It depends on what she does about Dr Fenton Ferguson. The ill-fated dentist is an ominous symbol of all that is wrong with the present PNP government: incompetent, arrogant, stubborn, hard-ears. Why is Fenton Ferguson still minister of health? After all of his errors of judgement and his repeated failure to protect the health of the nation! Why is the prime minister still upholding him?

Last Wednesday, one of my friends asked if I’d heard what Ferguson said about the dead babies. My cynical answer was, “That is not him did kill them?” I cannot forget the prime minister’s ill-considered response to repeated calls for the removal of Jennifer Edwards from her post as executive director of the National Solid Waste Management Authority.

As the fires raged at the Riverton dump, this is what the prime minister said in a bumbling interview on CVM TV: “I’m sure she wouldn’t set the fire. If she had set the fire, she would be gone! But I’m sure because she wasn’t there; she was nowhere near there until when they heard that the place was on fire. So I don’t know why anyone would be calling for her head to roll.”


Wayne-J-Chikungunya-Well, Fenton Ferguson has definitely set several fires and his head has not rolled. The most deadly conflagration was his mishandling of the chik-V epidemic. No notice given to unsuspecting victims about the impending disaster, despite the many warnings issued by the Pan American Health Organization. Total denial of the true scale of the epidemic. And no serious attempt to count all the deaths resulting from the impact of chik-V on chronic illnesses.

Refusing to listen to the clamour of voices demanding the resignation of the minister of health, the prime minister unilaterally declared that Dr Ferguson had done nothing wrong. But what he had done right? Given the widespread trauma caused by the chik-V epidemic, Ferguson himself should have had the decency to resign. But he knew he had the backing of his prime minister.

I wonder if this is how she justified her decision to stand by him: I’m sure my minister of health is not a mosquito. And he did not bite anybody. If he had bitten anybody, he would be gone! But I’m sure because he wasn’t there; he was nowhere near where people were getting bitten. And he even wanted an infected mosquito to bite him, so he could feel the pain of those who had been batter-bruised by chik-V. So I don’t know why anyone would be calling for his head to roll.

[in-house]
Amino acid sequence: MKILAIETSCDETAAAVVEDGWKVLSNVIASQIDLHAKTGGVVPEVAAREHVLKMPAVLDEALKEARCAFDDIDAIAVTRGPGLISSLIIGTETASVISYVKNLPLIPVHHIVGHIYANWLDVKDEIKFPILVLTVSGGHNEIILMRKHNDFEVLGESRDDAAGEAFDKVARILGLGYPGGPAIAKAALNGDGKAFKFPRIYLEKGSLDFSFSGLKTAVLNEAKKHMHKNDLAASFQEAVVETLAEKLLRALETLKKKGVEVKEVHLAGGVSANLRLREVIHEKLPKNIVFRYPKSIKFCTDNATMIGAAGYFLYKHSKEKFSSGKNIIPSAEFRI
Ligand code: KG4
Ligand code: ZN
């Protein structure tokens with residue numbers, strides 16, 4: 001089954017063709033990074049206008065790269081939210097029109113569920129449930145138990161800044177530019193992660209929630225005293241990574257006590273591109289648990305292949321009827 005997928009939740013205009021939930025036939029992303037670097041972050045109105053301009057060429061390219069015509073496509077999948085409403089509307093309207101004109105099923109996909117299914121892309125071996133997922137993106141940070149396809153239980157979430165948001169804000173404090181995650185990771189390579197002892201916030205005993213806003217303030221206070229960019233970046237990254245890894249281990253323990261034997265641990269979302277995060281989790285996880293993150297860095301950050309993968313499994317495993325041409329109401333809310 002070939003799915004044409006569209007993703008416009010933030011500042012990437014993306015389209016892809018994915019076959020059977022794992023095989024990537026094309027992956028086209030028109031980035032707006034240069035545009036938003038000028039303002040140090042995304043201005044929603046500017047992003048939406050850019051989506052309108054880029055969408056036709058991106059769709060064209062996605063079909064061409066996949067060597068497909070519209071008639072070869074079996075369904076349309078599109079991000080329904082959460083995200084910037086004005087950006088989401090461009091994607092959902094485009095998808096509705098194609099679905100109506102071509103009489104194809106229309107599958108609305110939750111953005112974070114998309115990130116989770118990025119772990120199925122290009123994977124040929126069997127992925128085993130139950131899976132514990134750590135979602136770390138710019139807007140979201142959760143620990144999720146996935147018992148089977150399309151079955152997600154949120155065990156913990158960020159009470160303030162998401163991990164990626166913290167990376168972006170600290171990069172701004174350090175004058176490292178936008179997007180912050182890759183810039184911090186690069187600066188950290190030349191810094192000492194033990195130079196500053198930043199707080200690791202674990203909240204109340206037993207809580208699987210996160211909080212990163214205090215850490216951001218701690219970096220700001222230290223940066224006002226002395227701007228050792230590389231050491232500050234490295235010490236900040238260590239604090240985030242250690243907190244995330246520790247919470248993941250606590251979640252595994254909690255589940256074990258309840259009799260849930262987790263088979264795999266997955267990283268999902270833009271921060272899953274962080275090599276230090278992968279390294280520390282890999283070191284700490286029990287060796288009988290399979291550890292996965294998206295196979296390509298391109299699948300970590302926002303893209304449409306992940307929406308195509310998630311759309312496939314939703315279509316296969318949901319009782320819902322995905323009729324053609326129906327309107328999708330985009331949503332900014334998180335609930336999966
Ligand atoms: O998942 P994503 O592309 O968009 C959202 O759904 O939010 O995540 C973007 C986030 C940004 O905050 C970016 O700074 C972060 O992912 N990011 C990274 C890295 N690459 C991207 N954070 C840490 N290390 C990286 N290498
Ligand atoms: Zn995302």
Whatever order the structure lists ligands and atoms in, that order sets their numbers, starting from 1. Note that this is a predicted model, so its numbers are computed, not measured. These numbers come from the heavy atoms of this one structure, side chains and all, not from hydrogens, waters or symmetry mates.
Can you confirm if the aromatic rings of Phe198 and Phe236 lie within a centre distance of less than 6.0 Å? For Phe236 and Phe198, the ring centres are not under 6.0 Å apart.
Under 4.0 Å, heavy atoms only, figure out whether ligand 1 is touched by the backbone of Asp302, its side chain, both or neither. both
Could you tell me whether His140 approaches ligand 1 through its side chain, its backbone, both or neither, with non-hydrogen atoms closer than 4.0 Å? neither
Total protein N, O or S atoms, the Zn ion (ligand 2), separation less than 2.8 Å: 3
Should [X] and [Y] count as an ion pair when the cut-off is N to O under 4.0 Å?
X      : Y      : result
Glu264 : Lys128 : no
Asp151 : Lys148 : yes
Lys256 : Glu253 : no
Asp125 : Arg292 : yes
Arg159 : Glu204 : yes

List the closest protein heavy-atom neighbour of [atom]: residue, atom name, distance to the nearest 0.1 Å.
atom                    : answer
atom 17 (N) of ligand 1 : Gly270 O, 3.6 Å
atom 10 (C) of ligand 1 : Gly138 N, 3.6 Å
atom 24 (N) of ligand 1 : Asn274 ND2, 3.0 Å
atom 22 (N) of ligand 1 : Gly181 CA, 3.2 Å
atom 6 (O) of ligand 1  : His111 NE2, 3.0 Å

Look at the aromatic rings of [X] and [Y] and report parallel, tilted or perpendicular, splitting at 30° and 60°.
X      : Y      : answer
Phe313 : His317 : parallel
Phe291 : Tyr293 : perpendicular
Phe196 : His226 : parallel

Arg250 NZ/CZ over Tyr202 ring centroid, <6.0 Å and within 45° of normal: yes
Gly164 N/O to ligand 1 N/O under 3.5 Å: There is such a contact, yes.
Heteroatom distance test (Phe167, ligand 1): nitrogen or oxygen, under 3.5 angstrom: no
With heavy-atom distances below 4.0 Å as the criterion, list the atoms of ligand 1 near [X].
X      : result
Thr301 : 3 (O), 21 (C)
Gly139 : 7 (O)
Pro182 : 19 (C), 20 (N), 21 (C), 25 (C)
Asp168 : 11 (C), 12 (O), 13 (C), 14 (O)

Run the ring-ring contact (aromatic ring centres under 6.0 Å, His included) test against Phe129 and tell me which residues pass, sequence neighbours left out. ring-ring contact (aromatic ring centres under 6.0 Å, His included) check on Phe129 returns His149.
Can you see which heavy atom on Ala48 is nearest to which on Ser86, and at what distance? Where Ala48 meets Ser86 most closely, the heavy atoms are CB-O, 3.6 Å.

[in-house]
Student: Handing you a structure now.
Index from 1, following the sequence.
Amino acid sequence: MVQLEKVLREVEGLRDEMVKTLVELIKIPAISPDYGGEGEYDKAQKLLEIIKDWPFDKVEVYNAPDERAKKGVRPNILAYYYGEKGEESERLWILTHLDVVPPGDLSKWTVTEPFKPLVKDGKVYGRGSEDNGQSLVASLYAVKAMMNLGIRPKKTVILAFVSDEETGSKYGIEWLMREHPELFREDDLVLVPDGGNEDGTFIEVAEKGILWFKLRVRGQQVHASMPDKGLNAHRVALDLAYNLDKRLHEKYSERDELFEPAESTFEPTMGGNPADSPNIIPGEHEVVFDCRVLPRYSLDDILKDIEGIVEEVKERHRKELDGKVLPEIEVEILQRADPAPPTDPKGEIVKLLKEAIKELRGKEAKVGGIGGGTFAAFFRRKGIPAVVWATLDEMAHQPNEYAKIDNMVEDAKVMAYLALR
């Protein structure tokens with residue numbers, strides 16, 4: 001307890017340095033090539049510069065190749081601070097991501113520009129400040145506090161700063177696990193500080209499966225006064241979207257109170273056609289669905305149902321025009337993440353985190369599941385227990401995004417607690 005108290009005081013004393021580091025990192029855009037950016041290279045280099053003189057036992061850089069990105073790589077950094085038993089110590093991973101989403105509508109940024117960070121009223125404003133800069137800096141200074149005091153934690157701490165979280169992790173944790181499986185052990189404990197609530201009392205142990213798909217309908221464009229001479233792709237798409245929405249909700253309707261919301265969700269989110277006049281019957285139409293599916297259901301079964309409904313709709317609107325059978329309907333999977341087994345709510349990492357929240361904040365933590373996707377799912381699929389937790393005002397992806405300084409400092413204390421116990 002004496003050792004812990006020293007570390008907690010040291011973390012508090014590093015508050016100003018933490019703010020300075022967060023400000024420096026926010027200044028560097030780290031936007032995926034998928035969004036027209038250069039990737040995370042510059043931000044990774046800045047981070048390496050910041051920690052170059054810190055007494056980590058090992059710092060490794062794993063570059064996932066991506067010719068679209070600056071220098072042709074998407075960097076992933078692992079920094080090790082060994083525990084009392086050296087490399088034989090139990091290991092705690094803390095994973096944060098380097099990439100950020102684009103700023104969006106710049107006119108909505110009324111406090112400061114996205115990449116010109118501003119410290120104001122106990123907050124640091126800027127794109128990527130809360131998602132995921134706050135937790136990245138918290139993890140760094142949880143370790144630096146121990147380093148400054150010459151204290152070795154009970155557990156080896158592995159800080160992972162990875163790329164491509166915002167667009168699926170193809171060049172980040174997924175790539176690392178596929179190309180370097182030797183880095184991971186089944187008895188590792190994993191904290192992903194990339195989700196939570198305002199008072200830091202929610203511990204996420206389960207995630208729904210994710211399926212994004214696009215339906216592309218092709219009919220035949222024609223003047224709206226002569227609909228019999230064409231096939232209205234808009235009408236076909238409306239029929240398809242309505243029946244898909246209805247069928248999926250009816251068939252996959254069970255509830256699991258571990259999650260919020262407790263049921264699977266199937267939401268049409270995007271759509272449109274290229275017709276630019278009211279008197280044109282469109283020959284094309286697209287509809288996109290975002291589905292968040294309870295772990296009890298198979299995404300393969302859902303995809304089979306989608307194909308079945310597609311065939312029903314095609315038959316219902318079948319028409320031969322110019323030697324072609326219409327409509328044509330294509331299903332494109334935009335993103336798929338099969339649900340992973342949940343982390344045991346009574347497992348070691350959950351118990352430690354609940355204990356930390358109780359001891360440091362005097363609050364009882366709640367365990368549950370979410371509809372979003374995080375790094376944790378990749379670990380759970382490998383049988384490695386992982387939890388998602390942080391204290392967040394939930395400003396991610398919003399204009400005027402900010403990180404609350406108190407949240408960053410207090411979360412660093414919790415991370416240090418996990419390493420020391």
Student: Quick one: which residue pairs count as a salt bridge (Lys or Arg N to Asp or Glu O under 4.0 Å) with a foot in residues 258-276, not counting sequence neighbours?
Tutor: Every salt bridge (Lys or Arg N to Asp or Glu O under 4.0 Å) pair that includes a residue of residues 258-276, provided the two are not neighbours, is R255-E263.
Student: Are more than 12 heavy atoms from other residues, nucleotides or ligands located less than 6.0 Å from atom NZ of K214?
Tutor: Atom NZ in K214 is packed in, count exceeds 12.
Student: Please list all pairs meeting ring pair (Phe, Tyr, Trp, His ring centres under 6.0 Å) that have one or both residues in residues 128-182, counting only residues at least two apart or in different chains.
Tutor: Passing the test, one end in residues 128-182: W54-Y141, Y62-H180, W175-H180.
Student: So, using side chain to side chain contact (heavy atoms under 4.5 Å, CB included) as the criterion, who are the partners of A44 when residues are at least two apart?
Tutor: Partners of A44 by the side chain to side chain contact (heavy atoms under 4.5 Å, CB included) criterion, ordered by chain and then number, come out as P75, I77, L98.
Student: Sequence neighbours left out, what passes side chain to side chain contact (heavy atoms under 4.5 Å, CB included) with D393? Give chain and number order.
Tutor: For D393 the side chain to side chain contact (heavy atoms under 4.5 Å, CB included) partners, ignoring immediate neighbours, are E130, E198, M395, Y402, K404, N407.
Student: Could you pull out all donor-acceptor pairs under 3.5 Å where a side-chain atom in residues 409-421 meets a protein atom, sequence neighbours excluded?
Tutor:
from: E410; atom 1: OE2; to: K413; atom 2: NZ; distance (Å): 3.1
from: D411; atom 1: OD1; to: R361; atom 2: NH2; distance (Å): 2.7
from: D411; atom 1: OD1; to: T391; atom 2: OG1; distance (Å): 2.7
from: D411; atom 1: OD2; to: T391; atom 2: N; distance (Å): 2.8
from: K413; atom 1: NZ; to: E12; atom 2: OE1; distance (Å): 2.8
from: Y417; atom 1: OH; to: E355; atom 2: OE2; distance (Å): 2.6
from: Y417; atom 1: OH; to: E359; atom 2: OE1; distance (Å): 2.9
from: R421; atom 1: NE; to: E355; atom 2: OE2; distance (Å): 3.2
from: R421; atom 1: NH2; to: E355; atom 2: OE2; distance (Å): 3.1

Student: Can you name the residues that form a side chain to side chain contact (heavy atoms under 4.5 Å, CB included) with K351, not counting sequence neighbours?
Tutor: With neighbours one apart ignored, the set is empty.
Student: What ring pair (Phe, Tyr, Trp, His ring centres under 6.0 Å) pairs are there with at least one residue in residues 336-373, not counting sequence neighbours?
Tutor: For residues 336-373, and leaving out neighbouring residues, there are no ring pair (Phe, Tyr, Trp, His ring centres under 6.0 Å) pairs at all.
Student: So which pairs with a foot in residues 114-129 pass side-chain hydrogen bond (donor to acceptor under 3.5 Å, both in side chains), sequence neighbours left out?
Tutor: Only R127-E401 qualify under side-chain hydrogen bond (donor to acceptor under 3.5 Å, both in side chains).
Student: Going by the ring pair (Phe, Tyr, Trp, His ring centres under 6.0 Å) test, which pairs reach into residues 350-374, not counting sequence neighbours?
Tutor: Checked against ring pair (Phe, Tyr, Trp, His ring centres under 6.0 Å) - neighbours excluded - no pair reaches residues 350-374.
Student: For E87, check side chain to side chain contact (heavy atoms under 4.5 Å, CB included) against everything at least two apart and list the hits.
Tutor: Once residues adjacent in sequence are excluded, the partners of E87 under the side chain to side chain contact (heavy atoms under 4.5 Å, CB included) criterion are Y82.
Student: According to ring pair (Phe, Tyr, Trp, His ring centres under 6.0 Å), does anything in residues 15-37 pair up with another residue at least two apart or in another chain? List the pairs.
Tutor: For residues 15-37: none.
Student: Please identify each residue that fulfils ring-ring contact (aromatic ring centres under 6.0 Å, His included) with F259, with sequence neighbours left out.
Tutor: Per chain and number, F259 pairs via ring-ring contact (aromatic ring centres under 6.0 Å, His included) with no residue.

tiny-hand-of-premature-babyDr Ferguson has now set off another firestorm with his incomprehensible ejaculation that premature babies are “not babies in the real sense”. I use the word ejaculation here to mean something said hastily without any thought. Not the act of discharging semen.

But Dr Ferguson was addressing Parliament. He should not have been ejaculating. He ought to have carefully considered his words. I know that Dr Ferguson is neither an obstetrician nor a gynaecologist. He’s a dentist. He’s an expert on the oral cavity. So he really should be much more cautious about how he opens his mouth. The discharge can be nastily explosive.

The minister’s lunatic claim that premature babies are “not babies in the real sense” is a reckless attempt to evade responsibility for the disgraceful condition of our hospitals. His cowardly line of defence is to blame the innocent victims. It’s the babies who caused their own death. It is true that the compromised immune system of premature babies makes them vulnerable to disease. But this is precisely why they need to be given high-quality medical care.


Dr Ferguson’s apology for his public ejaculation is an insult to the intelligence of the Jamaican people. He simply repeats the fact that premature babies are susceptible to infection. But he admits no responsibility for the failure of the hospital system to protect these babies. It’s business as usual, masquerading as an apology.

And, what is even worse, all that the prime minister expects of Dr Ferguson is this: “I hope that the Ministry of Health and the minister will look at the present system to see what needs to be done to ensure that what happened will never, ever happen again.” Another excuse for failure.

imagesLast Sunday, after witnessing the brilliant trial of Governor Eyre in Morant Bay, I set out for Bath Fountain. On the way, I passed Dr Ferguson’s constituency office. And I had a revelation. The minister of health has survived disaster after disaster because he has access to a regular supply of ‘oil of Portia can’t fire me’.

Fun and joke aside, no oil from St Thomas is more powerful than the collective will of the Jamaican people. In theory, we have the right to choose our leaders. We can vote. But for who? The real tragedy of our times is that our politicians are certainly not public servants in the real sense.